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Film a death blow to vicious lies about the Vietnam War — ‘Believe it or not, we were the good guys’

ride the thunder book coverMany of the greatest lies of my time are those told about the Vietnam War. As a Vietnam veteran who served with the 101st Airborne Division during Tet of 1968, I recommend the book ‘Ride the Thunder: A Vietnam War Story of Honor and Triumph‘ by Richard Botkin. I also recommend every American see the film, based upon Botkin’s book, which tells the truth about those American and Vietnamese soldiers who fought and died.

Those with whom I served, men like Captain Ken Crabtree, Lieutenant Mike Watson, Lieutenant Jim Ritter and Captain Cleo Hogan, are still brothers-in-arms in an ‘honorable and just cause.’ There are two refrains you will often hear from Vietnam veterans. The first is “when I left Vietnam we were winning” and second is “welcome home brother” when one Vietnam veteran meets another. Both are telling as both are the truth and the unfortunate result of the many lies told about those who served in Vietnam. The greatest sadness, that stays with me even to this day, is that America, the greatest nation on this earth, abandoned our Vietnamese brothers and sisters in their greatest time of need.

I know that we won the hearts and minds of the Vietnamese people and won the ground war in South Vietnam. I also sadly understand that we lost the hearts and minds of the American people, because of anti-war activists such as John Kerry, Jane Fonda and Bill Ayers. We lost the war in the halls of Congress when our elected officials voted to break their promise of support to the people of South Vietnam and abandoned men like Lieutenant Colonel Le Ba Bihn in 1972.

That stark history lesson is playing out even today in the Middle East in Iraq and Afghanistan. Today America faces enemies who are as or more vicious than the Communists of North Vietnam. During the Vietnam War the threat doctrine of our greatest enemies was Communism. The threat doctrine of our greatest enemies today is Islam.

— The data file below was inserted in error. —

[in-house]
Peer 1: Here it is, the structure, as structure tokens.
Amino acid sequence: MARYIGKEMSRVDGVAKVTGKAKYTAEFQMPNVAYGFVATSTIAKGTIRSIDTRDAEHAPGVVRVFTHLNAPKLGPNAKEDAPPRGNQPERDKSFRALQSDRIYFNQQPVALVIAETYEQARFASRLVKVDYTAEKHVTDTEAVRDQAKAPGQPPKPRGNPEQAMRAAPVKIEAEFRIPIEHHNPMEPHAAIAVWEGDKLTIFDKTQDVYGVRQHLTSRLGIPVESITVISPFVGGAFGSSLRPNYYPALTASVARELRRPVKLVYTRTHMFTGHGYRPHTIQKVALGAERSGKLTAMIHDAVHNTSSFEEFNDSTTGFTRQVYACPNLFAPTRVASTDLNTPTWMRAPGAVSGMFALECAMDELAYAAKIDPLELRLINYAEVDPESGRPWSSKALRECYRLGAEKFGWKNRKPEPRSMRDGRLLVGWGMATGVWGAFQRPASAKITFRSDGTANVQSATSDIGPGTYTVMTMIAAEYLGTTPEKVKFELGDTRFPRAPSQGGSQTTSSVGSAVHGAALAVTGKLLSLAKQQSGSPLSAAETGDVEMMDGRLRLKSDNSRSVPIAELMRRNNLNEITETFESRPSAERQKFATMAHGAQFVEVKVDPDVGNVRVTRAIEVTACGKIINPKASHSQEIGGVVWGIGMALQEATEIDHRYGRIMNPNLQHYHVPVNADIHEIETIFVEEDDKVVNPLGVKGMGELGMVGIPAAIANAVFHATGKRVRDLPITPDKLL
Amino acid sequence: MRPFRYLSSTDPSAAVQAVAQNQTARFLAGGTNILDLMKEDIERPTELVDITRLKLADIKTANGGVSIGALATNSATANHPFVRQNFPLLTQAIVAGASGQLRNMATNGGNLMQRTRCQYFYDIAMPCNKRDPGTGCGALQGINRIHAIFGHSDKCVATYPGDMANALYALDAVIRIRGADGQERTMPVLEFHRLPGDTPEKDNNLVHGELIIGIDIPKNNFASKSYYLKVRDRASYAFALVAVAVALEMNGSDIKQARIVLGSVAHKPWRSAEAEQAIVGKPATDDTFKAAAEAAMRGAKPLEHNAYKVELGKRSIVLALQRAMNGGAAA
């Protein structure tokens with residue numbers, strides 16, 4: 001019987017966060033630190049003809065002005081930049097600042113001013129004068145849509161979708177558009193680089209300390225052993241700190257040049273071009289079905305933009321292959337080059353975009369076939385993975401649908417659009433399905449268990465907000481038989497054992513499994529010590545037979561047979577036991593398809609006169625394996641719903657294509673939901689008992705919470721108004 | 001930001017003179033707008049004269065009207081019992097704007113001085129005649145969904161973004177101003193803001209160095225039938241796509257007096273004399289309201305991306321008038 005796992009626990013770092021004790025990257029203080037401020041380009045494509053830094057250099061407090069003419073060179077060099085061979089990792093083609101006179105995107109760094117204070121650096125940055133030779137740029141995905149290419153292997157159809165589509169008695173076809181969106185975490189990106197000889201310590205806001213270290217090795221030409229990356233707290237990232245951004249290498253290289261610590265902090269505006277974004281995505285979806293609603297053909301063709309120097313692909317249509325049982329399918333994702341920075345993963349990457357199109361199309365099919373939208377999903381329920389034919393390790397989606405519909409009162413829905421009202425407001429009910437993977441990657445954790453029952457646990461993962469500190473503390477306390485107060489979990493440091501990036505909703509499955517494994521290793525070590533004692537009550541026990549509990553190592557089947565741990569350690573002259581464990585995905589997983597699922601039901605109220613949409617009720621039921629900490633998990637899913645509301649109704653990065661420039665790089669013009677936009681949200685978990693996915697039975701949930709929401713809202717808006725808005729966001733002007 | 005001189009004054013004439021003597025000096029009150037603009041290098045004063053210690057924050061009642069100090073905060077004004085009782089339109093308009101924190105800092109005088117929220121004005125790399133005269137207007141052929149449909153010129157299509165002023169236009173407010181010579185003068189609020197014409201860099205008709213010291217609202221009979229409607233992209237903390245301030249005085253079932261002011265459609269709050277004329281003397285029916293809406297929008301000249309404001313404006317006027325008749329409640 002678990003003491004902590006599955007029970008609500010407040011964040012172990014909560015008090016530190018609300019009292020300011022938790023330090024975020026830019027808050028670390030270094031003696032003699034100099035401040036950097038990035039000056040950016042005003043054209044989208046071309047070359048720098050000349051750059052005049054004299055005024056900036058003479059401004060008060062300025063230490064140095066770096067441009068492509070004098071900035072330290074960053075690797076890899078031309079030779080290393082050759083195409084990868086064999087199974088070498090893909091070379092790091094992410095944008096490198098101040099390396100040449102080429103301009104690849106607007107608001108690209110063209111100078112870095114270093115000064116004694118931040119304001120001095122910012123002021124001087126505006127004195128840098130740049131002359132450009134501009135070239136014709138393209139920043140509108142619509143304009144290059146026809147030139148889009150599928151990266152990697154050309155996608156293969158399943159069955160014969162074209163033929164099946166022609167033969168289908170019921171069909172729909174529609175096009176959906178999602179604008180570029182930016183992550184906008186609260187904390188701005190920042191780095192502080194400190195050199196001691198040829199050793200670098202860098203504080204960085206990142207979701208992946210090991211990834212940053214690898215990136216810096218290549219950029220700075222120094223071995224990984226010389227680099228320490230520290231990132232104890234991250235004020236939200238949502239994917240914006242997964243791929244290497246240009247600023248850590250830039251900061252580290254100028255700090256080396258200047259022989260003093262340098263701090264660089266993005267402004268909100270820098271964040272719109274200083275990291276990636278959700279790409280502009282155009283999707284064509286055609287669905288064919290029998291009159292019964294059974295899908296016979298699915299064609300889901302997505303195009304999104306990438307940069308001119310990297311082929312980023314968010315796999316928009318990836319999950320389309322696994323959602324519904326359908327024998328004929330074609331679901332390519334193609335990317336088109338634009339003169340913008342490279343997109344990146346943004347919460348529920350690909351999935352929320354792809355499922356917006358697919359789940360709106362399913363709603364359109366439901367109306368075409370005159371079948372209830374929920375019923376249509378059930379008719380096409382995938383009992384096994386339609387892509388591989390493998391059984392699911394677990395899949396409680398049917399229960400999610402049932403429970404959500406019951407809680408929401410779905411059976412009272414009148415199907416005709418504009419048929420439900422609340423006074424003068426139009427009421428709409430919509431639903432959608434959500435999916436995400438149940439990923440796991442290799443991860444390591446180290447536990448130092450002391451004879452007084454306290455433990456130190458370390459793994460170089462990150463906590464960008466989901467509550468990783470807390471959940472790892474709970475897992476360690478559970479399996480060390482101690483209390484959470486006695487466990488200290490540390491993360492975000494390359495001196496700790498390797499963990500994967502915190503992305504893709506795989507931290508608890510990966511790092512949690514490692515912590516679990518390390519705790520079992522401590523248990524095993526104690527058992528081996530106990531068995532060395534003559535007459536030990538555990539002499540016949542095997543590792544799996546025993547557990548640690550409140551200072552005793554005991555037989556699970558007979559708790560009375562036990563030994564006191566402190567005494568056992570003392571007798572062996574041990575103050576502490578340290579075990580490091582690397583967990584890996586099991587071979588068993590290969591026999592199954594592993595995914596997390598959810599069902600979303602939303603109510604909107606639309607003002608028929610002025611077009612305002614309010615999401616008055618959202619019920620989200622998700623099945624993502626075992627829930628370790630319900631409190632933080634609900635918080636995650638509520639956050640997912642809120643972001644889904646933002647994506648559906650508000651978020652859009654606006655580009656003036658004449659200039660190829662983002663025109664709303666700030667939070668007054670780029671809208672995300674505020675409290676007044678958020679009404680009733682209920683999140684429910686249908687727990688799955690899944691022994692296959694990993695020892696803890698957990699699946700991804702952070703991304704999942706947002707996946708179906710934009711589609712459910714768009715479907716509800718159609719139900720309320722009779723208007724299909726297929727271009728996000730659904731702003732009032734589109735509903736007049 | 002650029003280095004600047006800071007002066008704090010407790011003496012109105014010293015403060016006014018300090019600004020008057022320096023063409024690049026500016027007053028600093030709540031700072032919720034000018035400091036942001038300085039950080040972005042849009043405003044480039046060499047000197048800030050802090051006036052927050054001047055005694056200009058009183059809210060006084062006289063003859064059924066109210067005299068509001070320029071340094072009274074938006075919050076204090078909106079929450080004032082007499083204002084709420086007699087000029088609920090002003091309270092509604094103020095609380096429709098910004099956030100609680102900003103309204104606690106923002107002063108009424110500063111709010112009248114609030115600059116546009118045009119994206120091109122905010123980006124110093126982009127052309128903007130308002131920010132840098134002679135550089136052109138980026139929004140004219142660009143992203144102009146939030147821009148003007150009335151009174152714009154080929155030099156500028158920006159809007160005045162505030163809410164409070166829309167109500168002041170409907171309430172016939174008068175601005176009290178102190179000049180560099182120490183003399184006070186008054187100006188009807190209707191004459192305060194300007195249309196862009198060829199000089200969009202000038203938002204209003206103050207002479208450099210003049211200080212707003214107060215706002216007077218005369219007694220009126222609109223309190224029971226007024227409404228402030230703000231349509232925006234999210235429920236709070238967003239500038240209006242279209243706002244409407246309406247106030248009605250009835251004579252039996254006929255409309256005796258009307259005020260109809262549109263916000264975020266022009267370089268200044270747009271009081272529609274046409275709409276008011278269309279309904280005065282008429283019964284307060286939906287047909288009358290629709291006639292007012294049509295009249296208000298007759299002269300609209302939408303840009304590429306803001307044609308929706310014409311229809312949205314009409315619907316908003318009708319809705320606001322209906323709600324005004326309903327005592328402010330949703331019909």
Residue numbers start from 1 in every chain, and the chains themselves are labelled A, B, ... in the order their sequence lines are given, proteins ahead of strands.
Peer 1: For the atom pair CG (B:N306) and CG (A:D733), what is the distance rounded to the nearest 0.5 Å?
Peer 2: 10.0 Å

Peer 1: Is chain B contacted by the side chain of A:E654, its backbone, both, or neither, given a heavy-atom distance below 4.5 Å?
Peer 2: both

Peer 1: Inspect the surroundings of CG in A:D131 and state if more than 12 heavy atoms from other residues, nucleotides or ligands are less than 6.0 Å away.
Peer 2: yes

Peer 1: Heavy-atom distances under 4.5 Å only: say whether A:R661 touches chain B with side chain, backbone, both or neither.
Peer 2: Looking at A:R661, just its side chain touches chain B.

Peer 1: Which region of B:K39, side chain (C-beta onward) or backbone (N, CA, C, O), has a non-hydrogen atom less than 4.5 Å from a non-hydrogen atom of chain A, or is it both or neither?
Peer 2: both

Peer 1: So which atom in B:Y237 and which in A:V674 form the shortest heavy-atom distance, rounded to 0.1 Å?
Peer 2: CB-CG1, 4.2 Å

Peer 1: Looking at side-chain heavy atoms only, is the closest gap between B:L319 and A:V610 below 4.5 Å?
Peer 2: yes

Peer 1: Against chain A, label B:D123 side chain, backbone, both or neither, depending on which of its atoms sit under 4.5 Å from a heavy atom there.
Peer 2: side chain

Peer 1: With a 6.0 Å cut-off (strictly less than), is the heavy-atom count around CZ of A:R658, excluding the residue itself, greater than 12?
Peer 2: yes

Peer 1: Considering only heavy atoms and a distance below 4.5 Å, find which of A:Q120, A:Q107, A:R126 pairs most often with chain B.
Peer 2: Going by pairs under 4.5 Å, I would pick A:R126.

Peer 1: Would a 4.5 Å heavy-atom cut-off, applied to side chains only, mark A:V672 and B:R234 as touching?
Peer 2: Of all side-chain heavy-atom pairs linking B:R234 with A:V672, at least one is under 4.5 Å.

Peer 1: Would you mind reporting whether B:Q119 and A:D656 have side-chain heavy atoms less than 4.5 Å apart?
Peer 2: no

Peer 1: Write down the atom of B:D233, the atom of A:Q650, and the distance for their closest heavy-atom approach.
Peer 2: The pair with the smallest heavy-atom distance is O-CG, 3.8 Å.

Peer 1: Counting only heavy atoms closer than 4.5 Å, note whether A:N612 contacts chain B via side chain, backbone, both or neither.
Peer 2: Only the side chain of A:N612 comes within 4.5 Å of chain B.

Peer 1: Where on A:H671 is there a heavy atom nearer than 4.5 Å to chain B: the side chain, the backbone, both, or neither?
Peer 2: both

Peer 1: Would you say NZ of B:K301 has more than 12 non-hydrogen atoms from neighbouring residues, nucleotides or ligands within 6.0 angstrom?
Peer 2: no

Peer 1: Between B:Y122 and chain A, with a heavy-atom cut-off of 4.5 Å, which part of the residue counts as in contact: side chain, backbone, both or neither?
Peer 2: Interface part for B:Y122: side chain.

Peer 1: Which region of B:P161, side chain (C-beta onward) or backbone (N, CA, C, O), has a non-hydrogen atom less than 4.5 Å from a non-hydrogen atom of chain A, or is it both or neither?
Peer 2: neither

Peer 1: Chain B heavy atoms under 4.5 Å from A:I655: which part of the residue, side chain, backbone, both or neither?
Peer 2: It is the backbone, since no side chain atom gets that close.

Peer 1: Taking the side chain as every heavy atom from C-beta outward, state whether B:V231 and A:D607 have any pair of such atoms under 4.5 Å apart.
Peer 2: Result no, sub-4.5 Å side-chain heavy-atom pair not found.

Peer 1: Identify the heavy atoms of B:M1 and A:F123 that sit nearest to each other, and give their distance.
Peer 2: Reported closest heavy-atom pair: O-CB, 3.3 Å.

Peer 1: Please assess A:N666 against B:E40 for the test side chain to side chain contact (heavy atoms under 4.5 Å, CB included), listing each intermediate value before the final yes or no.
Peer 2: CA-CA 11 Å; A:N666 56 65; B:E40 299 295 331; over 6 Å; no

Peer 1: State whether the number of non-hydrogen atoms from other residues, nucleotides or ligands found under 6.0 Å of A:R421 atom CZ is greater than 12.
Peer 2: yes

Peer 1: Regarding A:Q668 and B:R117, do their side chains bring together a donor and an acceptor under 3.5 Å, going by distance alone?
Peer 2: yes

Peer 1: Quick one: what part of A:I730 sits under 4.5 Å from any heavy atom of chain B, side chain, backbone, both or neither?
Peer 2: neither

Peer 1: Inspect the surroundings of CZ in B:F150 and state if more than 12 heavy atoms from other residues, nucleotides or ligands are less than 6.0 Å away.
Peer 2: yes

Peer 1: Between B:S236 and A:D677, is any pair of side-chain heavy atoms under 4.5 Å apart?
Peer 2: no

ltc le ba binh

Lt. Col. Le Ba Binh stands in Quang Tri prior to being wounded for the 9th time, 1972.

In his book, “Ride the Thunder: A Vietnam War Story of Honor and Triumph,” author Richard Botkin tells the amazing true story of the remarkable collaboration between U.S. Marine Capt. John Ripley and South Vietnamese Marine Maj. Le Ba Binh. In the process, he vigorously dispels the notion that the military situation in Vietnam was lost, even as American war correspondents and policy makers were surrendering to the winds of political and economic pressure.

“For men like Ripley and Binh, who fought long and hard only to have victory pulled from their grasps, ‘Ride the Thunder’ celebrates their heroism, their humanity, their story,” says Botkin.

Using his keen Marine insight and years of in-depth research, Botkin takes the reader back in time, deep into the heart of the jungle and into the midst of the American-Vietnamese struggle for liberty.

In the prime of their youth, the two noted warriors were inspired by their fathers to fight for their country’s freedom – one American, Capt. John Ripley, and the other South Vietnamese, Maj. Le Ba Binh. Their destinies would collide in Vietnam.

Watch the official trailer of ‘Ride the Thunder: A Vietnam War Story of Honor and Triumph‘:

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